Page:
Functionalists examine the functionality of each structure to determine how it contributes to the stability of society as a whole. When applied to the sociological study of religion, this approach views religion as a functional entity within society because it creates social cohesion and integration by reaffirming the bonds that people have with each other. In the functionalist view, religious rituals express the spiritual convictions of the members of the religion and help increase the belongingness of the individuals to the group.
Without these, society would disintegrate. To maintain social integration and the collective conscience, regular shared religious rituals bind individuals together and participating in these remind them that they are a part of a single moral community to which they owe their loyalty.
Rituals also have another role in which they remind individuals of the power of society- without which they themselves are nothing and to which they owe everything. He sees religion not only as the source of solidarity but also of their intellectual or cognitive capacities.
For example, in order to think at all we need categories such as time, space, cause and number etc. Along with this, in order to share our thoughts we need to use the same categories as others.
Durkheim links this to his study of tribes where the divisions of tribes into clans give humans their first notion of classification. Thus, for Durkheim, religion is the origin of human thought, reason and science.
Furthermore, even if Durkheim is right about totemism, in no way does it prove he has discovered the essence of all other religions.
He identifies two types of situation in which religion performs this role: He uses the example of fishing in a lagoon and fishing in the ocean from his study of the Trobriand islanders of the western pacific.
As lagoon fishing is safe and uses the predictable and successful of poisoning, islanders perform no ritual when fishing there.
This gives the islanders a sense of control which eases tension, gives them confidence and reinforces group solidarity. He sees performing rituals as a god of the gaps- because it fills the gaps in human beings control over the world, such as being unable to control the outcome of an ocean fishing trip.
Religion helps to minimise disruption. An example of this comes from funeral rituals, which reinforce a feeling of solidarity among survivors because the notion of immortality gives comfort to the bereaved by denying the fact of death.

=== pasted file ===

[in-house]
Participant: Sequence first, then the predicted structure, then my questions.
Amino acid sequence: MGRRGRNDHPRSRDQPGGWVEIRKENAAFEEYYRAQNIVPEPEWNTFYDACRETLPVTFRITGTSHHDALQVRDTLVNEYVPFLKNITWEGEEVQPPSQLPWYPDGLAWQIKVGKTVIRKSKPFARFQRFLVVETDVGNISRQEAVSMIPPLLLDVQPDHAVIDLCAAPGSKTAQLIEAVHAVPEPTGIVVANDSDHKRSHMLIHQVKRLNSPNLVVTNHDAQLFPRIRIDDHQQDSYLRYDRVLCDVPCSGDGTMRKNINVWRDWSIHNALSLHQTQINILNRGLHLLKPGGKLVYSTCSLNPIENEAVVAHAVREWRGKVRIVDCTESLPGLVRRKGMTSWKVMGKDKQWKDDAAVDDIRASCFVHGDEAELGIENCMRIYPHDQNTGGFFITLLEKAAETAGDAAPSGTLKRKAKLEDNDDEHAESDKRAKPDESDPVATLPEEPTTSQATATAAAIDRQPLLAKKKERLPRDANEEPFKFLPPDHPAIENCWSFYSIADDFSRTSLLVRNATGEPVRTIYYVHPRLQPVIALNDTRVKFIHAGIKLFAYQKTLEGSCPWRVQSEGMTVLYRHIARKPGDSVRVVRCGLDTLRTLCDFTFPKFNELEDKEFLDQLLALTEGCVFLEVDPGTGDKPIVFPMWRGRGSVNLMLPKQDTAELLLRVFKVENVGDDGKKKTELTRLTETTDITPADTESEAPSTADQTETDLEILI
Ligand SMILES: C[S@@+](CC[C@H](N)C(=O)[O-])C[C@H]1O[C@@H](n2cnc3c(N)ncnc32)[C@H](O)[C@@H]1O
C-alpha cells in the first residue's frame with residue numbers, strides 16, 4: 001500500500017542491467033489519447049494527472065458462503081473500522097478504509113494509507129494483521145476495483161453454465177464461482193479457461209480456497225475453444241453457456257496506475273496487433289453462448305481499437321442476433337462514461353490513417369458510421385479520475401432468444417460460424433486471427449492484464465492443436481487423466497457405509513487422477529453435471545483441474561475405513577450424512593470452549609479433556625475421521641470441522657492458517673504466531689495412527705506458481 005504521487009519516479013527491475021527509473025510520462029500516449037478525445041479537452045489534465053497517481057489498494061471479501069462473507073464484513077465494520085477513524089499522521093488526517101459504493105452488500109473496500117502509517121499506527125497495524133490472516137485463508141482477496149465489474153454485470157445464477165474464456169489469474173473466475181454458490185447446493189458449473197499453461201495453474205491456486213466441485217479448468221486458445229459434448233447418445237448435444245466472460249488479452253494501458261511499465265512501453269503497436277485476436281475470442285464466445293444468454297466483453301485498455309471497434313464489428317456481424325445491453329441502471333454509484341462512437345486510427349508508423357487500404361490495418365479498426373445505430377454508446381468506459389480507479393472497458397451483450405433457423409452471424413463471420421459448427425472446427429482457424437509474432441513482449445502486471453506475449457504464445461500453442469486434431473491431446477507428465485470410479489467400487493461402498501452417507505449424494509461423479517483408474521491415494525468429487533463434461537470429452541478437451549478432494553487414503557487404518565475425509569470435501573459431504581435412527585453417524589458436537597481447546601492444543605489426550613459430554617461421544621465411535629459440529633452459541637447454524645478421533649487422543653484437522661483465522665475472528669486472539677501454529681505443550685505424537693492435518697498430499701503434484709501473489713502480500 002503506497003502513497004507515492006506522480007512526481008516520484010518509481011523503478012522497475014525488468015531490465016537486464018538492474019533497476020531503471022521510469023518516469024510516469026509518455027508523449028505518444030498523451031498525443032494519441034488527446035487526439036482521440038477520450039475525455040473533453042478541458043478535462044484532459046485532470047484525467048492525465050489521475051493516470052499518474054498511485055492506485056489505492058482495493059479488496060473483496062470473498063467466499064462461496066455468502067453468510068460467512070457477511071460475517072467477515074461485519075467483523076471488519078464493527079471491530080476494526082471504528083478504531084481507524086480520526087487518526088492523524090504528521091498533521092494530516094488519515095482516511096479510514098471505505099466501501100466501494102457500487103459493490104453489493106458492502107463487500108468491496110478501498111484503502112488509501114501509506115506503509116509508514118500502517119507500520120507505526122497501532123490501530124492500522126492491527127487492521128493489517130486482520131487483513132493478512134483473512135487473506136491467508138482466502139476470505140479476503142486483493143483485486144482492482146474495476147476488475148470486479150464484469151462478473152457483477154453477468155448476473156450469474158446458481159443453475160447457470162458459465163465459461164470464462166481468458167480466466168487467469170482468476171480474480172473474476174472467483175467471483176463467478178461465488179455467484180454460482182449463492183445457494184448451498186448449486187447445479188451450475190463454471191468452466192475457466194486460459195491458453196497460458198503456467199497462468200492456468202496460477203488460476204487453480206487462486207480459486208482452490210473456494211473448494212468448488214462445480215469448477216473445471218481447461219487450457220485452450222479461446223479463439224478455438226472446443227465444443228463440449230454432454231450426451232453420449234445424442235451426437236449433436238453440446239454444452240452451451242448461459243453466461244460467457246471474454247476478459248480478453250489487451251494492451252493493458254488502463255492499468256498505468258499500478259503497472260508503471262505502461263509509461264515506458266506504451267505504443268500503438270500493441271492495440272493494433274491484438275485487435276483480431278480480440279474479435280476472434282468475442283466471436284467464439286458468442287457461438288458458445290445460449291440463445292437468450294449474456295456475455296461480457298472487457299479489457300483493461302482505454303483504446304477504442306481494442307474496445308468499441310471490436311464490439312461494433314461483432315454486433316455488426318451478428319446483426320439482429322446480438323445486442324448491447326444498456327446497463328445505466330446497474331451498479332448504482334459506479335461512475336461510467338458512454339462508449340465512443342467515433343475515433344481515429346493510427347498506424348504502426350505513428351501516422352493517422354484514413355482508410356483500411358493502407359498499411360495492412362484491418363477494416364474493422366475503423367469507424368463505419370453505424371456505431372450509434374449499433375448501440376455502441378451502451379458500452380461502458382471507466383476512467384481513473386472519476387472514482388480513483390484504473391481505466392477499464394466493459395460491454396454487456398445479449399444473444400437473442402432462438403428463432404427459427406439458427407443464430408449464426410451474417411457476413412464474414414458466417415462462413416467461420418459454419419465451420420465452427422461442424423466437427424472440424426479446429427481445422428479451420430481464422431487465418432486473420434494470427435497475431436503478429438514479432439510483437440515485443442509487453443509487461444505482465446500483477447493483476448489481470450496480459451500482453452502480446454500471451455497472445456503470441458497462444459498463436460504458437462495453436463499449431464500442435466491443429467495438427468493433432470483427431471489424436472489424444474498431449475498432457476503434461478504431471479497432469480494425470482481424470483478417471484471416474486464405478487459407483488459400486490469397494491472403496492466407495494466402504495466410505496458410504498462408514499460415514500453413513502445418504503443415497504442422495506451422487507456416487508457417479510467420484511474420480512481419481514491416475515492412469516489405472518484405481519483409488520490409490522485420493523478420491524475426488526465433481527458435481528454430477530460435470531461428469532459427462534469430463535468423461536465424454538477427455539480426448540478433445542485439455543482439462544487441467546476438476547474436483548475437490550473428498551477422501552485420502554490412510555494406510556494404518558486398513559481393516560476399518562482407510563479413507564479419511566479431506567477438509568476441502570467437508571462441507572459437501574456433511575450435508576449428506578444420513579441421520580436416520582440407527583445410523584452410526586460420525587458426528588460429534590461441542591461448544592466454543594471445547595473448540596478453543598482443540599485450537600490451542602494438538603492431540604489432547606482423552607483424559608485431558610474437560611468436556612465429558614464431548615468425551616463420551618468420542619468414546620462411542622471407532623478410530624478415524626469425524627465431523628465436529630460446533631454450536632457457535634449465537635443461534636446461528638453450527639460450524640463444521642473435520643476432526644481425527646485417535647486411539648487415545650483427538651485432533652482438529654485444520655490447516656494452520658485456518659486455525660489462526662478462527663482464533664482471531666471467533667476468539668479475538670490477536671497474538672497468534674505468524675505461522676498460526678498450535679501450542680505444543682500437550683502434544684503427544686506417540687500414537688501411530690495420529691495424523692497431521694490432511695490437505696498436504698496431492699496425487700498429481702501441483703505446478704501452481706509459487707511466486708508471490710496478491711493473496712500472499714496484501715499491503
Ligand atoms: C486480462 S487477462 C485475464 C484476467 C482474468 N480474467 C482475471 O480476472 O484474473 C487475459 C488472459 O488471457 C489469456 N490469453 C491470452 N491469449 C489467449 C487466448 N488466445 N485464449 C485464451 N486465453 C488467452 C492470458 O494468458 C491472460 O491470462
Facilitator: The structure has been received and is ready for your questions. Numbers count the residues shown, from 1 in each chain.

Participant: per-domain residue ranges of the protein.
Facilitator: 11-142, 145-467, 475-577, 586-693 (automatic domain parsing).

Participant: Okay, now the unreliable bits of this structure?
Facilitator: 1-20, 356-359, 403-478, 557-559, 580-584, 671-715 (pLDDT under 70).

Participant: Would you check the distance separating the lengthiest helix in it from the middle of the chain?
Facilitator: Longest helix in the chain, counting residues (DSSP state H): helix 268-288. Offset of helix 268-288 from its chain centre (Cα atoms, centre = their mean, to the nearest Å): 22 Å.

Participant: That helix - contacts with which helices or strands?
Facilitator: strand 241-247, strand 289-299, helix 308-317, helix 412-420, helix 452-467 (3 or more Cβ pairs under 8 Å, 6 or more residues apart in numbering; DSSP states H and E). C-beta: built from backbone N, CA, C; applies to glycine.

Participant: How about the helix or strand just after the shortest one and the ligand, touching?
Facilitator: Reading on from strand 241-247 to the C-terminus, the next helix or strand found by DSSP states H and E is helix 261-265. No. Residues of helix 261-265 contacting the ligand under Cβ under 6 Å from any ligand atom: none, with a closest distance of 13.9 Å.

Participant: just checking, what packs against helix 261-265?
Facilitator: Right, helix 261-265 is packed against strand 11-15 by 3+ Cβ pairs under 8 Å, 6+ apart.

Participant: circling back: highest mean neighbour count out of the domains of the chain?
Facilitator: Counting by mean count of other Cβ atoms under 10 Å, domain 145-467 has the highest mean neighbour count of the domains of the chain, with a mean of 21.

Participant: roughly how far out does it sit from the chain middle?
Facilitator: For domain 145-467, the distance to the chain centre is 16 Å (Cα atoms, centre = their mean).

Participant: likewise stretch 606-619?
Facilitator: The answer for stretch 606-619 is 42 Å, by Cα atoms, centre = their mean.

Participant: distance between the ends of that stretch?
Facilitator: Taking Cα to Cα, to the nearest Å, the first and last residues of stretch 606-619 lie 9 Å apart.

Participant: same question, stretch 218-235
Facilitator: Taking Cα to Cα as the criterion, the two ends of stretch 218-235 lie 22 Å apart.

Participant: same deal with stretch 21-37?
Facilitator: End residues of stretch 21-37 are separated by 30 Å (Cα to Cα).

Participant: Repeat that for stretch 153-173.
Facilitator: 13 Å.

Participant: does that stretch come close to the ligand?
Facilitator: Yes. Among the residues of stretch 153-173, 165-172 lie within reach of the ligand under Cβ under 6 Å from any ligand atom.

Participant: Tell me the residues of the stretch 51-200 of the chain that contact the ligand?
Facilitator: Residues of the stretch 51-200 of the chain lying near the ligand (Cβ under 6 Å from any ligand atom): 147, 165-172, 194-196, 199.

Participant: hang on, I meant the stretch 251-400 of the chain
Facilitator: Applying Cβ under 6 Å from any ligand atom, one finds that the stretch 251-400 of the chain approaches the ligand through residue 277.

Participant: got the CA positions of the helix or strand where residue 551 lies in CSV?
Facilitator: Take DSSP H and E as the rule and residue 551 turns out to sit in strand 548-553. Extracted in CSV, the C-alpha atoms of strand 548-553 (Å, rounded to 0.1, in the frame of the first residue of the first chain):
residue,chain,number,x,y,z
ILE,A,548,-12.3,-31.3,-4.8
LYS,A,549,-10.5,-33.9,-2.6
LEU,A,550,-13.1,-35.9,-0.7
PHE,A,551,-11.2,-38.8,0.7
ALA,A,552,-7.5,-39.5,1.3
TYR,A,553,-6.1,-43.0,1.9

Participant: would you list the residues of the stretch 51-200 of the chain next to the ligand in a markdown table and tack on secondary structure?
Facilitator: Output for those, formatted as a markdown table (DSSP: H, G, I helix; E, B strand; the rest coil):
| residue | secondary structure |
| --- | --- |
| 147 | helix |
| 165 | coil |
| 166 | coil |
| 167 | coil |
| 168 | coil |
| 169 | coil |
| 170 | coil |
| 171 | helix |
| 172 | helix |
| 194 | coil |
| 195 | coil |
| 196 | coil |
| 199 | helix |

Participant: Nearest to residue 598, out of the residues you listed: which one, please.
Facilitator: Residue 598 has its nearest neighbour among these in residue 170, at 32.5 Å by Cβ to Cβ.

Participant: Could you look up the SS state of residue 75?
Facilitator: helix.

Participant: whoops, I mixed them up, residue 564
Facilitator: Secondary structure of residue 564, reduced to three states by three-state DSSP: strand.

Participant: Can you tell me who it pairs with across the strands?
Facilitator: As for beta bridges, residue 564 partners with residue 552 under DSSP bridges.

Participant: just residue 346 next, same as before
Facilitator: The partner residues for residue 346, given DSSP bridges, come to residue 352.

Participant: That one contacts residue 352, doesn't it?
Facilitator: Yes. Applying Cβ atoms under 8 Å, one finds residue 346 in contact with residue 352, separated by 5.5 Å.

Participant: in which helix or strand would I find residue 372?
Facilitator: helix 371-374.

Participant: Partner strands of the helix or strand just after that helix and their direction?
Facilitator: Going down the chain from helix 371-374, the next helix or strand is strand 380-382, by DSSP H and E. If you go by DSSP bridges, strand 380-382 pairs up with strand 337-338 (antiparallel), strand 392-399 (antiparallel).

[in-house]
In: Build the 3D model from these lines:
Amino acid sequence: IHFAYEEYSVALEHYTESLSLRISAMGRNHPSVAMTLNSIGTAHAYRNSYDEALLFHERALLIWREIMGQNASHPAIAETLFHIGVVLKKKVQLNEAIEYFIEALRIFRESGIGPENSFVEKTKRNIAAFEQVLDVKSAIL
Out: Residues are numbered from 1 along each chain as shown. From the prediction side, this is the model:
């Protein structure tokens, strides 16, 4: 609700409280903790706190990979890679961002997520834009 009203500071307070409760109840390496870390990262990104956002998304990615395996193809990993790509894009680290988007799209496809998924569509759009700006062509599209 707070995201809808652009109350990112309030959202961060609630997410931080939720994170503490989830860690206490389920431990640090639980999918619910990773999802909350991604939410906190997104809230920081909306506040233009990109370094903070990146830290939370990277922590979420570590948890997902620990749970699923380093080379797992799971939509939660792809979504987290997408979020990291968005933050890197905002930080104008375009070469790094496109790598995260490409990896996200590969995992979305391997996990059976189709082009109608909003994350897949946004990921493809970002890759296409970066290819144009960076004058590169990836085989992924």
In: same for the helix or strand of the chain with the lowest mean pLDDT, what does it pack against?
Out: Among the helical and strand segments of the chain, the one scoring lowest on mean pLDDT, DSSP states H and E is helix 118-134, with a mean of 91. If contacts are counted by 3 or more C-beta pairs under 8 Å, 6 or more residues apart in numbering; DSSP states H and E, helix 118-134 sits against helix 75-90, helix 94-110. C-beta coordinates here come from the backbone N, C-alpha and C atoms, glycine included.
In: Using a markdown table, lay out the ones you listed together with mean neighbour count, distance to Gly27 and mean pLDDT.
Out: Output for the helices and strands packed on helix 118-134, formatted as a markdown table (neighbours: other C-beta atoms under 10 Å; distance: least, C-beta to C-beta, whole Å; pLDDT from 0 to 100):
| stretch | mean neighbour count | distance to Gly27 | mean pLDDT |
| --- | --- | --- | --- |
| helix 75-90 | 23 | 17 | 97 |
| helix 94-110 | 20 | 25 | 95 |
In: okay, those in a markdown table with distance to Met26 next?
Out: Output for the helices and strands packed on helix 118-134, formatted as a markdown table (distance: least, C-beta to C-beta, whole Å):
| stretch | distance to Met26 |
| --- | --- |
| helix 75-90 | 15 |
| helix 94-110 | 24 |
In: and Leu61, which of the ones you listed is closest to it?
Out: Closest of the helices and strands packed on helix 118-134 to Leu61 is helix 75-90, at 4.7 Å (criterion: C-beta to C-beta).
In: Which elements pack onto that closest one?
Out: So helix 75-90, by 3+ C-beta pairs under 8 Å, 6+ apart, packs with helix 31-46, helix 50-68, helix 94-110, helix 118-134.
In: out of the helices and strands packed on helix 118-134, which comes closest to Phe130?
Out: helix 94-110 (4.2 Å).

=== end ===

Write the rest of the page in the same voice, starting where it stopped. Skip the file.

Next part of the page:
Overall, Malinowski argues that death is the main reason for the existence of religious beliefs because it promotes solidarity. Parson agrees with Malinowski that religion helps individuals to cope with unforeseen events and uncontrollable outcomes.
He adds to this theory his identification of two other essential functions that religion performs in modern society: For example, in America, Protestants have sacralised the core American values of meritocracy and self-discipline. Such events defy our sense of justice and makes life appear meaningless, which can undermine our commitment to societies values.
Religion provides answers to such questions, for example, by explaining suffering as a test of faith that will be rewarded in heaven and by doing so religion enables people to adjust to adverse events and helps maintain stability.
Civil religion can claim the loyalty of all Americans whilst none of the many individual churches can.
Bellah argues that civil religion integrates society in a way that individual religions cannot.
This is because American civil religion involves loyalty to the state and a belief in God, both of which are associated with being a true American. The religion is expressed in various rituals, symbols and beliefs such as, the pledge of allegiance to the flag, singing the national anthem and the Lincoln memorial.
It sacralises the American way of life and therefore binds together Americans from many different ethnic and religious backgrounds. Marxists would argue that religion, far from being an instrument of social solidarity, is an instrument of social control and exploitation.Structural Functionalism.
Like the sociological frameworks provided by conflict analysis, structural functionalism is an approach to studying religion from a sociological perspective that is arguably of interest primarily from a historical view. The Functionalist Perspective on Religion. Functions of Religion.
The functionalist perspective, which originates from Emile Durkheim’s work on religion, highlights the social role of religion. The structural-functional approach to religion has its roots in Emile Durkheim’s work on religion.
Durkheim argued that religion is, in a sense. Free Essay: Discuss the functionalist perspective on religion. (20 marks) The functionalist perspective is a consensus theory; it believes that society has a.
Structural functionalism, or simply functionalism, is "a framework for building theory that sees society as a complex system whose parts work together to promote solidarity and stability". This approach looks at society through a macro-level orientation, which is a broad focus on the social structures that shape society as a whole,  and.
Another functionalist believer is Talcott Parsons; he believes that religion is an institution which is a significant contributor to the norms and values of society.
Parsons argues that Religion helped form the value consensus which is needed for stability in society. “The difference between conflict and functionalist theories on religion are: *Conflict theory refers to religion as “the sigh of the oppressed creature, the sentiment of a heartless world, and the soul of the soulless condition.
It is the opium of the people”. Functionalism is a structural.